I found Annie Hooper’s masterpiece in a warehouse in a small town in eastern North Carolina: thousands of hauntingly beautiful biblical figures made out of driftwood, seashells, putty and plaster. All of them are part of large, elaborate scenes depicting stories from the Old and New Testaments.
Hooper created them at her home in Buxton, a village on Hatteras Island, one of North Carolina’s Outer Banks.
She began making her biblical scenes soon after the Second World War. With the exception of a period of three years when she was caring for her ailing husband, she remained devoted to her one great work of art until her death in 1986.
Over those decades, she made thousands of figures: apostles, prophets, pilgrims, angels, the ecstatic, the lost and broken, all. She populated every room in her home with them, filling the floors, tables and even the piano top.
In her lifetime, depending on whom you asked, she was a woman called by God, an artistic visionary, a little “touched” or just plain crazy.
Now museums all over the U.S. want the art that she created out of what the sea left on Buxton’s shores.
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I first saw Annie Hooper’s art 30 years ago. In 1988, I visited an extraordinary exhibit of her work at North Carolina State University in Raleigh. A young folklorist named Roger Manley was the exhibit’s guest curator.
The exhibit featured two of Hooper’s large narrative scenes and several smaller ones, hardly 5 percent of the total, but it was still unforgettable.
That exhibit was called “A Blessing from the Source: The Annie Hooper Bequest.” Manley wrote a marvelous essay on Hooper’s life and art that accompanied the exhibit that you can find here.
At the time, I was entranced by what Hooper had done. I felt as if she had accomplished a deeply moving kind of sacred art, one uniquely born out of the coastal villages and saltwater bays where I grew up.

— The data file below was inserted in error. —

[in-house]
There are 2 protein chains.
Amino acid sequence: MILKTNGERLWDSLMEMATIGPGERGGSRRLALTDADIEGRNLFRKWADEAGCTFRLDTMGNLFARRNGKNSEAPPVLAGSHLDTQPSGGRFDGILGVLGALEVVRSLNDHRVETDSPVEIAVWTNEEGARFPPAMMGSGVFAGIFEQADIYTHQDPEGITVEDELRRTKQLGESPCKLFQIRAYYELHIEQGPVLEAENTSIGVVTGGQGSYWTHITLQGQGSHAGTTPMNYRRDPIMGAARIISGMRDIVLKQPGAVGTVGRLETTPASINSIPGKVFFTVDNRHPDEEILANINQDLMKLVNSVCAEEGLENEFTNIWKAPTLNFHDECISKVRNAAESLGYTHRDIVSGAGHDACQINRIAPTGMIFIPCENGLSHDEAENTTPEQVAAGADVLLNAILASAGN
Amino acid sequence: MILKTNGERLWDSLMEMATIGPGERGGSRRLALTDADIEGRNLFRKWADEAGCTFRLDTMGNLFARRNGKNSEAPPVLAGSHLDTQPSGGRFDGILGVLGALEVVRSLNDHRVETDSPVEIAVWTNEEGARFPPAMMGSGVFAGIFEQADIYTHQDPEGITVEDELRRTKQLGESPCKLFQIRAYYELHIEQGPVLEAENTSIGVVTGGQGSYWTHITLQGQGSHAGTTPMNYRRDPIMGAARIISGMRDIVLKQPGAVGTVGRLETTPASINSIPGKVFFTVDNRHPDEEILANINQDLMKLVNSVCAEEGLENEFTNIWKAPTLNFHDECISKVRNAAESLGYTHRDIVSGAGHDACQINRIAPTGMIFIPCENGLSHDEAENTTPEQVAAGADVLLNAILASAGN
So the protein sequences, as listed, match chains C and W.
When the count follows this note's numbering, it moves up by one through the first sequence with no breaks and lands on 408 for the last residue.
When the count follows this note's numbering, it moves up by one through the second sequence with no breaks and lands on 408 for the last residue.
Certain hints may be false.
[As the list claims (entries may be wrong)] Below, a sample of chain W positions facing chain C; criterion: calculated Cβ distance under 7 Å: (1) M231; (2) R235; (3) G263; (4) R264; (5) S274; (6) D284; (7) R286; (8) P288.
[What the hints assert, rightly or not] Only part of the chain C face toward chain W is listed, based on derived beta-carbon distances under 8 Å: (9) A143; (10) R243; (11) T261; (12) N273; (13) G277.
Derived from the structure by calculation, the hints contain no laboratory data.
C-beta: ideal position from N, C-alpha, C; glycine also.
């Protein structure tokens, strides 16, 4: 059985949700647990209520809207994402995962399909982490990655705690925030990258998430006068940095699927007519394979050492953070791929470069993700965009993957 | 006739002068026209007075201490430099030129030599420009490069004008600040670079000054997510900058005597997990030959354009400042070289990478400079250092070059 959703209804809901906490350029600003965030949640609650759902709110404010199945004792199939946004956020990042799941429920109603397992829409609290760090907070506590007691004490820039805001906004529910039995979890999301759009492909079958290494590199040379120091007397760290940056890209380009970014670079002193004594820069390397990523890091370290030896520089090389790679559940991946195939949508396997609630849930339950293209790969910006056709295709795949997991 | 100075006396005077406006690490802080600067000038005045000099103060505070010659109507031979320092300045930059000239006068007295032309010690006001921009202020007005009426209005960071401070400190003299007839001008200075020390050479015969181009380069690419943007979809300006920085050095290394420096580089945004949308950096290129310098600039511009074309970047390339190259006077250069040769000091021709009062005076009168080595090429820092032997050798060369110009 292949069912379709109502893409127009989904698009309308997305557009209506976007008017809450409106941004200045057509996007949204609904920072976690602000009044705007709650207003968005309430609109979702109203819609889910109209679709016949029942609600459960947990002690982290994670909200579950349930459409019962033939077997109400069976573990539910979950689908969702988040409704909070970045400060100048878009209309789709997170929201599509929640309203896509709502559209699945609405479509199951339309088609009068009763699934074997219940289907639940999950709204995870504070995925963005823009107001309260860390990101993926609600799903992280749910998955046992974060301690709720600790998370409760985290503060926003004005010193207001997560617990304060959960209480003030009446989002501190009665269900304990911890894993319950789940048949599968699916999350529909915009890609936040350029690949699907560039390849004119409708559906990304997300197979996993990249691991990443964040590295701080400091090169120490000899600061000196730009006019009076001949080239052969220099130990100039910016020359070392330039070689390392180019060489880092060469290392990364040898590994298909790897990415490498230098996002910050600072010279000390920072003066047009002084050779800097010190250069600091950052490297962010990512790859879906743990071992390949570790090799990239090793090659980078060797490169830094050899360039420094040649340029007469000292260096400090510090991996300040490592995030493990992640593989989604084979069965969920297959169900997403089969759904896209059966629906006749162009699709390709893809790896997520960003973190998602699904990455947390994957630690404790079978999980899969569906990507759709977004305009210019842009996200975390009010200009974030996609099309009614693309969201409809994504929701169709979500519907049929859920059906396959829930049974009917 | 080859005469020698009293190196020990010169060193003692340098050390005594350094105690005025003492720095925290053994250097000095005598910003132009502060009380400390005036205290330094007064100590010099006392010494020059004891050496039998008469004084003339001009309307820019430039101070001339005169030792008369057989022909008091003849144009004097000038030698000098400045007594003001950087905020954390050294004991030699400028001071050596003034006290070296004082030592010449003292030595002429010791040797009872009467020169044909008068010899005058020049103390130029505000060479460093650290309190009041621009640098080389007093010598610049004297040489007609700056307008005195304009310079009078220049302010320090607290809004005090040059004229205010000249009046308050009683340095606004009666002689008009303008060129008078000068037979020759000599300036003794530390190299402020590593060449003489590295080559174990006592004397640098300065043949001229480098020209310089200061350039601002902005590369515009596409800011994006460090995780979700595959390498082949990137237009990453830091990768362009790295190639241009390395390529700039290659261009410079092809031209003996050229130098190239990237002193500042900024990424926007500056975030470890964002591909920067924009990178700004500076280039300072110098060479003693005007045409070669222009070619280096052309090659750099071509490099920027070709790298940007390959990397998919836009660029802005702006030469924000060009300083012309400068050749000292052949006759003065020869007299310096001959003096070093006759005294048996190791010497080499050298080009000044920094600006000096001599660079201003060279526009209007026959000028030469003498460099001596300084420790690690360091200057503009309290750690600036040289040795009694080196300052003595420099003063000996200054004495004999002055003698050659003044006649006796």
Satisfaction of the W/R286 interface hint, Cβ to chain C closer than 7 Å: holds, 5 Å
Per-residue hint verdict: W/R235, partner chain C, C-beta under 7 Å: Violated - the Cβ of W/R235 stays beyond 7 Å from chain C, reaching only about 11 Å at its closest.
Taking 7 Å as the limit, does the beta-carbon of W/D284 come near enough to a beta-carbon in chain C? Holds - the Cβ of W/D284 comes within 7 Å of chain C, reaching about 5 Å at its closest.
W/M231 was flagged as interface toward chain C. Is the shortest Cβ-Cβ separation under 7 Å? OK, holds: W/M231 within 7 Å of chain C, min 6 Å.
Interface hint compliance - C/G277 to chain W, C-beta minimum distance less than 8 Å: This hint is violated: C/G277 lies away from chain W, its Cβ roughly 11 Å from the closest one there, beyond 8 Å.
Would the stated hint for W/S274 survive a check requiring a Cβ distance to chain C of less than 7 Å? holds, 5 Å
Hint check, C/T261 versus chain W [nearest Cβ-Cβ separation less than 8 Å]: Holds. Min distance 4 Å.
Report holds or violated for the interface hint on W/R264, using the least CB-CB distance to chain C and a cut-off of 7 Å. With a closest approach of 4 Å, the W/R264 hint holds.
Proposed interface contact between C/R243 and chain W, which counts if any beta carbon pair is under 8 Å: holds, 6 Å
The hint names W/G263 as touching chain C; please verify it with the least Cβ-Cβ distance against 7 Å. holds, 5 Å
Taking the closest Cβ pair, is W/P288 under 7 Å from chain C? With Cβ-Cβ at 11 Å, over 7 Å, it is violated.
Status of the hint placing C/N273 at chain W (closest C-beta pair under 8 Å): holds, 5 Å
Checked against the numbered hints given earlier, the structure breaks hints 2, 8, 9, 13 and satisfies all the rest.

In the decades since that exhibit, I often longed to see Hooper’s sea-born figures again. I could not get their awed and beseeching eyes out of my mind. Neither could I forget Hooper’s astonishing gaze in photographs such as the one at the top of this essay.
After Hooper’s death, Manley became the caretaker of her biblical scenes. He had first visited her home in 1970, when he was 18 years old. For a time, he seemed to be the only person determined to preserve them.
They could not remain at Hooper’s cottage in Buxton after her death, but Manley eventually found a home for them at the Visual Arts Program at North Carolina State University.
Since that time, the program’s collections have evolved into a new museum, the Gregg Museum of Art & Design. Manley is now the museum’s director.
The Gregg took good care of Hooper’s driftwood creations, but even with its growth, the museum was still not large enough to exhibit more than a small fraction of them.
Most of the time, they remained in storage in the museum’s basement, with only a scene or two being displayed publicly.
During those decades, I imagined Hooper’s driftwood people waiting in the dark to see the light again.
I used to fear for them: I wondered if they would be forgotten, or if anybody would care about them anymore.